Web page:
|The A to Z of Scottish Places: Gazetteer E|
The A to Z of Scottish Places: E
E is for...
... East Kilbride
Designated a new town in 1947, East Kilbride has grown from being the 19th to 6th largest town in Scotland between 1961 and the latest census. The "village" is still intact but surrounded by new housing while the town centre now focuses on the shopping centre and municipal buildings. The shopping area has been revamped in recent years and while from the inside it now resembles malls anywhere in the world at least on the outside it is less run-down than before. Like its sister towns, East Kilbride is a place of roundabouts but some have interesting sculptures in their islands which make it more easy to recognise where you are.
... Loch Eck
Just north of the Holy Loch and Dunoon lies the little narrow Loch Eck, trapped on both sides by steep hills. The road on the eastern shore winds its way towards Loch Fyne and is a pleasant journey although in foul weather the twists and turns can be hazardous. There are a number of pleasant stopping places including Jubilee Point where a sheltered cove is a great place for kids to play. Beinn Mhor dominates the western shore. The hillsides are thick with forest giving the whole area a magical secluded feel.
As a Glaswegian it pains me to admit it, but Edinburgh fully deserves its status as a world-class city. The centre setting of Princes Street overlooking the gardens with the castle rising on its volcanic rock above is just one of the delights of Scotland's capital city (which it became in 1347 when it superceded Perth). The city dates back to settlements before Roman times and the Castle is at least a thousand years old. Although behind in terms of population to Glasgow, the recent re-instatement of a Scottish Parliament (with its home presently being built at Holyrood) may spawn a new influx of people to its ranks. Home to many galleries, museums, antique stores and bookshops, the city combines well the old with the new, with the prestigious developments in Lothian Road adding a modern gleam. The Royal Mile leading from the Castle to Holyrood House represents the ancient heart of the city, while Princes Street and beyond the "newer" Georgian period buildings. Education has always been a major force within Edinburgh, with many universities and colleges continuing that tradition into the modern age. Indeed the very first female doctors in the western world were trained there. The biggest arts festival in the world is held in Edinburgh in late summer, during which the main streets are so thronged with visitors and performers that you'd be hard pressed to find a local from whom to ask directions...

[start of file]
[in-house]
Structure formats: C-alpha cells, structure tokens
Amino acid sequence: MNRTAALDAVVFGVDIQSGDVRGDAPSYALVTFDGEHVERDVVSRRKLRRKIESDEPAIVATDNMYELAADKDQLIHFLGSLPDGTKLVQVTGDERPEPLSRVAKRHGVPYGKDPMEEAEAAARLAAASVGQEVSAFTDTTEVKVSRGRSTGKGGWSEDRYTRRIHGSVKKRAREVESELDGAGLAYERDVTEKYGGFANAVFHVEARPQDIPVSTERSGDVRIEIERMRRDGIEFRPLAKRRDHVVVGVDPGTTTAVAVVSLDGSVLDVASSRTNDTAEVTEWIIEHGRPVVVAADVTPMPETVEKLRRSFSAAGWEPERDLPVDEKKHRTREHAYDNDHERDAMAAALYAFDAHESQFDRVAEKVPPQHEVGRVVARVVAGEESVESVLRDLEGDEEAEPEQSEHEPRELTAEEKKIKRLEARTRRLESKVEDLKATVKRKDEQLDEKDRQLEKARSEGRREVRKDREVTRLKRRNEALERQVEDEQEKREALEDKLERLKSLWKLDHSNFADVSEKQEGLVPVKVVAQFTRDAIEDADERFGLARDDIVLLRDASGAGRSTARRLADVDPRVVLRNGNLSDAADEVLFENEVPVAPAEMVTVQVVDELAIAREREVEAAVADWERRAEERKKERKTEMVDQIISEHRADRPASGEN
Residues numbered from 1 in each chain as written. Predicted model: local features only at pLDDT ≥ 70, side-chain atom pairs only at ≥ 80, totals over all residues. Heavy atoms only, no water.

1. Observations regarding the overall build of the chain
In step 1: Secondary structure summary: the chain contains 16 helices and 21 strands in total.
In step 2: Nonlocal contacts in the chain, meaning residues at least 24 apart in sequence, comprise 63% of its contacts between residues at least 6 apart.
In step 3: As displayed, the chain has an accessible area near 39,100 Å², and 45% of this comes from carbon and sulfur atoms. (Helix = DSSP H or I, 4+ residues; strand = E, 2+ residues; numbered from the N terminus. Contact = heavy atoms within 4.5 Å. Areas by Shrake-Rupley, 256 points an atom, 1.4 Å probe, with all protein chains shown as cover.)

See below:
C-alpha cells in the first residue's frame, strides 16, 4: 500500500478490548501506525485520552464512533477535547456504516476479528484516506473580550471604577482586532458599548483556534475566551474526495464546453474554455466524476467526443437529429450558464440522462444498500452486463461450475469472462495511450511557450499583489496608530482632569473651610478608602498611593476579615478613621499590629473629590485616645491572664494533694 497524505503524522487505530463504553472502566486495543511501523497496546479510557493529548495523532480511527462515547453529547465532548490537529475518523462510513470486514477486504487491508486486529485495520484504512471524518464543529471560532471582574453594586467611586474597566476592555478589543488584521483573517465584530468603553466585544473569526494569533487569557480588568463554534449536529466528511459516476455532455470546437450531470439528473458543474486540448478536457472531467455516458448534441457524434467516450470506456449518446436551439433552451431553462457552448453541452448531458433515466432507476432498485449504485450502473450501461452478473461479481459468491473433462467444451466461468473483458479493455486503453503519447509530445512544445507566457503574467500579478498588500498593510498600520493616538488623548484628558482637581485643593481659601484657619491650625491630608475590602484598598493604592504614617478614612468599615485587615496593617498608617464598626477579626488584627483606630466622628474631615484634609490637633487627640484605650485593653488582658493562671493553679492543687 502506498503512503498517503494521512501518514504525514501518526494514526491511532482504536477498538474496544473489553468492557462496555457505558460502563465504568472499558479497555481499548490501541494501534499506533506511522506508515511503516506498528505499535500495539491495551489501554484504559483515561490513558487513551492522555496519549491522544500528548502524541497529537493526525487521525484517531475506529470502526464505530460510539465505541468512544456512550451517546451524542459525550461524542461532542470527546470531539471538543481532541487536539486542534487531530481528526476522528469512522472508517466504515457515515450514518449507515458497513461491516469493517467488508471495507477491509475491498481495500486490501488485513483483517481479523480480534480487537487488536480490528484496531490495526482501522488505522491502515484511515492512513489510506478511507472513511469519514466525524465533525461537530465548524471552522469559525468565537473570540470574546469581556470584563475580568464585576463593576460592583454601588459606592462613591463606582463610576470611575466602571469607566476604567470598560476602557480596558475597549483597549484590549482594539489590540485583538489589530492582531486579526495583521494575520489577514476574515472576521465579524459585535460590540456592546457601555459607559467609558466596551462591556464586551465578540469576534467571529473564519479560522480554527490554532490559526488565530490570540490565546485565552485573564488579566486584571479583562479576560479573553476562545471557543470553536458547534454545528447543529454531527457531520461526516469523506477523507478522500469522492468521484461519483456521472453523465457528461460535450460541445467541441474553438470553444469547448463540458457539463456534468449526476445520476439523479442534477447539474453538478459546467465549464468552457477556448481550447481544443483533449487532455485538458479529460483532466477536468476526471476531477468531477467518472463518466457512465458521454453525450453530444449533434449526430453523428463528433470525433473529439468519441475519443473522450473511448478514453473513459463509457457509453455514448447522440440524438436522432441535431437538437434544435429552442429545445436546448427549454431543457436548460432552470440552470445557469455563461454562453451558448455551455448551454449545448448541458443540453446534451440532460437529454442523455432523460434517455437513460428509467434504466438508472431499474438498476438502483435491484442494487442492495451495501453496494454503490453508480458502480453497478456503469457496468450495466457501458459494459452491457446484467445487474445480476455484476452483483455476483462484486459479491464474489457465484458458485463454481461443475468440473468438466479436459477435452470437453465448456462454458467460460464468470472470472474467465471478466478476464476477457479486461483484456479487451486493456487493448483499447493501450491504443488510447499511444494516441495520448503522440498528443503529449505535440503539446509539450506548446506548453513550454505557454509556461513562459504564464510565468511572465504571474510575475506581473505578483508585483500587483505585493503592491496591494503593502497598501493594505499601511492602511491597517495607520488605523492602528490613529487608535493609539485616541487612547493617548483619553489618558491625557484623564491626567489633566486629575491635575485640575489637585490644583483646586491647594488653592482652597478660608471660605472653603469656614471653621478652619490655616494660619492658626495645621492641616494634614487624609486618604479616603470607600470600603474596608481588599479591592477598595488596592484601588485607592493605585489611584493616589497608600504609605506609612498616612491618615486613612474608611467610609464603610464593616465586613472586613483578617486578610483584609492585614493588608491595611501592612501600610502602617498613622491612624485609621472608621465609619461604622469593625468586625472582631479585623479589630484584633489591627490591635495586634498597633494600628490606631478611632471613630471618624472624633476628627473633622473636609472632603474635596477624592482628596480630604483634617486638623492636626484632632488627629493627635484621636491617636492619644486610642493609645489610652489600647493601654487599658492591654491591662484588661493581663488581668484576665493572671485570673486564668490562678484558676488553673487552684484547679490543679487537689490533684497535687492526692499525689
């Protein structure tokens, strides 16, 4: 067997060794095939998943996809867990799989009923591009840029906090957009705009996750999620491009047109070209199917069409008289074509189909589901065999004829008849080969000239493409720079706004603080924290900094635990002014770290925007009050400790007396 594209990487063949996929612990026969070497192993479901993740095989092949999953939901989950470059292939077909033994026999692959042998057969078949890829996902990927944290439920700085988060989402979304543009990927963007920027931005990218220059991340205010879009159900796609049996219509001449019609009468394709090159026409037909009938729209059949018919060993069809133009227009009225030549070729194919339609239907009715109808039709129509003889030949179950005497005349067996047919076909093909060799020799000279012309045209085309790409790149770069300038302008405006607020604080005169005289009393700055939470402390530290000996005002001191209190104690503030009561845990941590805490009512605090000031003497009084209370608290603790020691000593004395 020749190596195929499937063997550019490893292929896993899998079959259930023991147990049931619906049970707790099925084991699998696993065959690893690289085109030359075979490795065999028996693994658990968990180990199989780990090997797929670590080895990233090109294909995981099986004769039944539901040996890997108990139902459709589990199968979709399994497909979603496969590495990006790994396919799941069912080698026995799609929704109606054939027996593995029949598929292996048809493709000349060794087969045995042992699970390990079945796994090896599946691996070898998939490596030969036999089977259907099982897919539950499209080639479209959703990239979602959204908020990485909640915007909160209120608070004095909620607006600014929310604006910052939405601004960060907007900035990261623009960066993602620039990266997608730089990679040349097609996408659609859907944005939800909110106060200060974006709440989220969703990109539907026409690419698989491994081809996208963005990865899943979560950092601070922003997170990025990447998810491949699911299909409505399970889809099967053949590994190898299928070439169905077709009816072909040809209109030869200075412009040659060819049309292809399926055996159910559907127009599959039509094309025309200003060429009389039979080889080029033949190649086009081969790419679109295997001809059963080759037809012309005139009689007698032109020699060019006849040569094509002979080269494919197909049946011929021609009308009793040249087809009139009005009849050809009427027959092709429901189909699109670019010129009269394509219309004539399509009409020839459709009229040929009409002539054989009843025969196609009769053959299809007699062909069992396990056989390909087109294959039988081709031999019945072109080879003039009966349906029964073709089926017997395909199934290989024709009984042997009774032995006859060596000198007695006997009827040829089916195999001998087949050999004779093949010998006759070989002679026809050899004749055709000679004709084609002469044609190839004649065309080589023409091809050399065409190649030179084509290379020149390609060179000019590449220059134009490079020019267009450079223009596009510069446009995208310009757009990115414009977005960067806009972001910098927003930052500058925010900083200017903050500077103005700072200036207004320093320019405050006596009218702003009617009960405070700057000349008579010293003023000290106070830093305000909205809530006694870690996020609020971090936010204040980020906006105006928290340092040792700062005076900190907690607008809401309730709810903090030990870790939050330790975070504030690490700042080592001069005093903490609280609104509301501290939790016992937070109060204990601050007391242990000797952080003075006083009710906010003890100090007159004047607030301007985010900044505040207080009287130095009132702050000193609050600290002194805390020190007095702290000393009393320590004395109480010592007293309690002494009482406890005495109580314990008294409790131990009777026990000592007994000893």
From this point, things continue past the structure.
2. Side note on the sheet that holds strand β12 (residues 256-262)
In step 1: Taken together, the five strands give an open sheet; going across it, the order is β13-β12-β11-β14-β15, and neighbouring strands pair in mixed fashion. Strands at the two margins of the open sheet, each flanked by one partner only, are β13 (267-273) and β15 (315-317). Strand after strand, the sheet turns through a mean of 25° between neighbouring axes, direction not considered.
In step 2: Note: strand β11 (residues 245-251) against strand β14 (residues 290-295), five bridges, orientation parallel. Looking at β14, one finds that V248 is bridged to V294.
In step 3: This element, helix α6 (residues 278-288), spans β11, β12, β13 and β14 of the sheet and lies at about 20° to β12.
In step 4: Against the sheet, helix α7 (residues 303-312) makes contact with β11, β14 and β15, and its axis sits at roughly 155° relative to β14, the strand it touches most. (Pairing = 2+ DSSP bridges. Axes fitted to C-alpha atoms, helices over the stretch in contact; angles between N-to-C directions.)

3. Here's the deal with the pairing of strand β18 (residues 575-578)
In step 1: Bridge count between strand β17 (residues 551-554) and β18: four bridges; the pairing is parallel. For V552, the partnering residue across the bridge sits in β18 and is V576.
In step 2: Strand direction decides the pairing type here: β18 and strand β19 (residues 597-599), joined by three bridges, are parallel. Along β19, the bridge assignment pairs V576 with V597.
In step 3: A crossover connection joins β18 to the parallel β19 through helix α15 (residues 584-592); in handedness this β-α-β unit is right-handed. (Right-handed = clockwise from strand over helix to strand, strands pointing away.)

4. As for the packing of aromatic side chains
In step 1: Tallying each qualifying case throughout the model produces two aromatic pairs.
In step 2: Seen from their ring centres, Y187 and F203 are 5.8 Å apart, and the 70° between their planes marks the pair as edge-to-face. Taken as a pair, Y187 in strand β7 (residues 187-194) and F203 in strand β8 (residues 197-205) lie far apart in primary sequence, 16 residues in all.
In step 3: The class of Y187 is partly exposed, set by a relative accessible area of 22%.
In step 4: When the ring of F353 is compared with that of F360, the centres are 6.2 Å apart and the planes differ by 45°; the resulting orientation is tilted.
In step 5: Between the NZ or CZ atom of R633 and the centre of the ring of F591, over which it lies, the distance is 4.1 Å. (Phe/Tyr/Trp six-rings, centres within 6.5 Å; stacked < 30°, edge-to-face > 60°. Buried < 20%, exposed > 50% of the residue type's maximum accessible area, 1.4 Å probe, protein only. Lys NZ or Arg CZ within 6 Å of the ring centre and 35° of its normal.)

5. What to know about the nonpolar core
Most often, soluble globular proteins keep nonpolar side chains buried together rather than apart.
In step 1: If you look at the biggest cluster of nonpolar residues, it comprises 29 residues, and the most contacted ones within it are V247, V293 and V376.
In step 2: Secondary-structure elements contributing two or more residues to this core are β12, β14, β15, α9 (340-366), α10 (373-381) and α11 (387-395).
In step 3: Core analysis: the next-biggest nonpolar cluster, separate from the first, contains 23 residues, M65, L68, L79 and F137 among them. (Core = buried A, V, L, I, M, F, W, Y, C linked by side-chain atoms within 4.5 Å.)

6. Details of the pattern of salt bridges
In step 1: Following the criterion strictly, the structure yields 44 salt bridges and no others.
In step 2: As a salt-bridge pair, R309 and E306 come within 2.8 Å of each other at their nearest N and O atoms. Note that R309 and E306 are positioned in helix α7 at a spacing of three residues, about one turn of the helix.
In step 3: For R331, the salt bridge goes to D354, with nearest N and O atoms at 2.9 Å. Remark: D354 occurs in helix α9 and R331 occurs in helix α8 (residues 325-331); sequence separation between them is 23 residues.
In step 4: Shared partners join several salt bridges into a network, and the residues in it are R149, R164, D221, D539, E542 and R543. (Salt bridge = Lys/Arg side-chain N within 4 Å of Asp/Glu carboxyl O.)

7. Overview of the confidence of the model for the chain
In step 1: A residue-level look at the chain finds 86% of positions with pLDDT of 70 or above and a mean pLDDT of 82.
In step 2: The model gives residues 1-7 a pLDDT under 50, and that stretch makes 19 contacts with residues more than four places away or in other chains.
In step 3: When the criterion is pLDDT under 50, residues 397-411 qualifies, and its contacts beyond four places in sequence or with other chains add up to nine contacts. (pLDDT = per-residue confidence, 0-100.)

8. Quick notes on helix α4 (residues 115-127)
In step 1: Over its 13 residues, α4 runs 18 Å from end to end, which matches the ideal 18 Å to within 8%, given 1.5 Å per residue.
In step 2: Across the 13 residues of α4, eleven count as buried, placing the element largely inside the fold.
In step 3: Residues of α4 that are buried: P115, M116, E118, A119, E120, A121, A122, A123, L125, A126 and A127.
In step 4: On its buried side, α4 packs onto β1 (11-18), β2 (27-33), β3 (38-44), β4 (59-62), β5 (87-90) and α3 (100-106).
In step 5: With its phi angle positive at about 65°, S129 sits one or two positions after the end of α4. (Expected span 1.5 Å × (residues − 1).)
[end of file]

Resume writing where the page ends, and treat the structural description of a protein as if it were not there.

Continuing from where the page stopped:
Eigg is the second largest of the Small Islands to the west of Mallaig and south of Skye and was recently bought by The Eigg Trust, set up by the islanders themselves with the help of the Scottish Wildlife Trust and the Highland Council. The land is fertile although years of neglect by absentee owners have given the islanders a challenge to make the land economical again. Mostly low-lying, Eigg has a craggy, sugarloaf peak of pitchstone lava, An Sgurr, which towers above the landscape and gives the island its distinctive outline as viewed from Skye or the mainland. The main settlement is Cleadale. Two other natural features add to the story of the island - the singing sands in the Bay of Laig are reputed to make sounds like an Aeolian harp as you walk across them. Darker is the cave Uamh Fhraing where in 1577 the MacLeods of Skye trapped two hundred MacDonalds and massacred them by piling brushwood at the entrance and setting it on fire.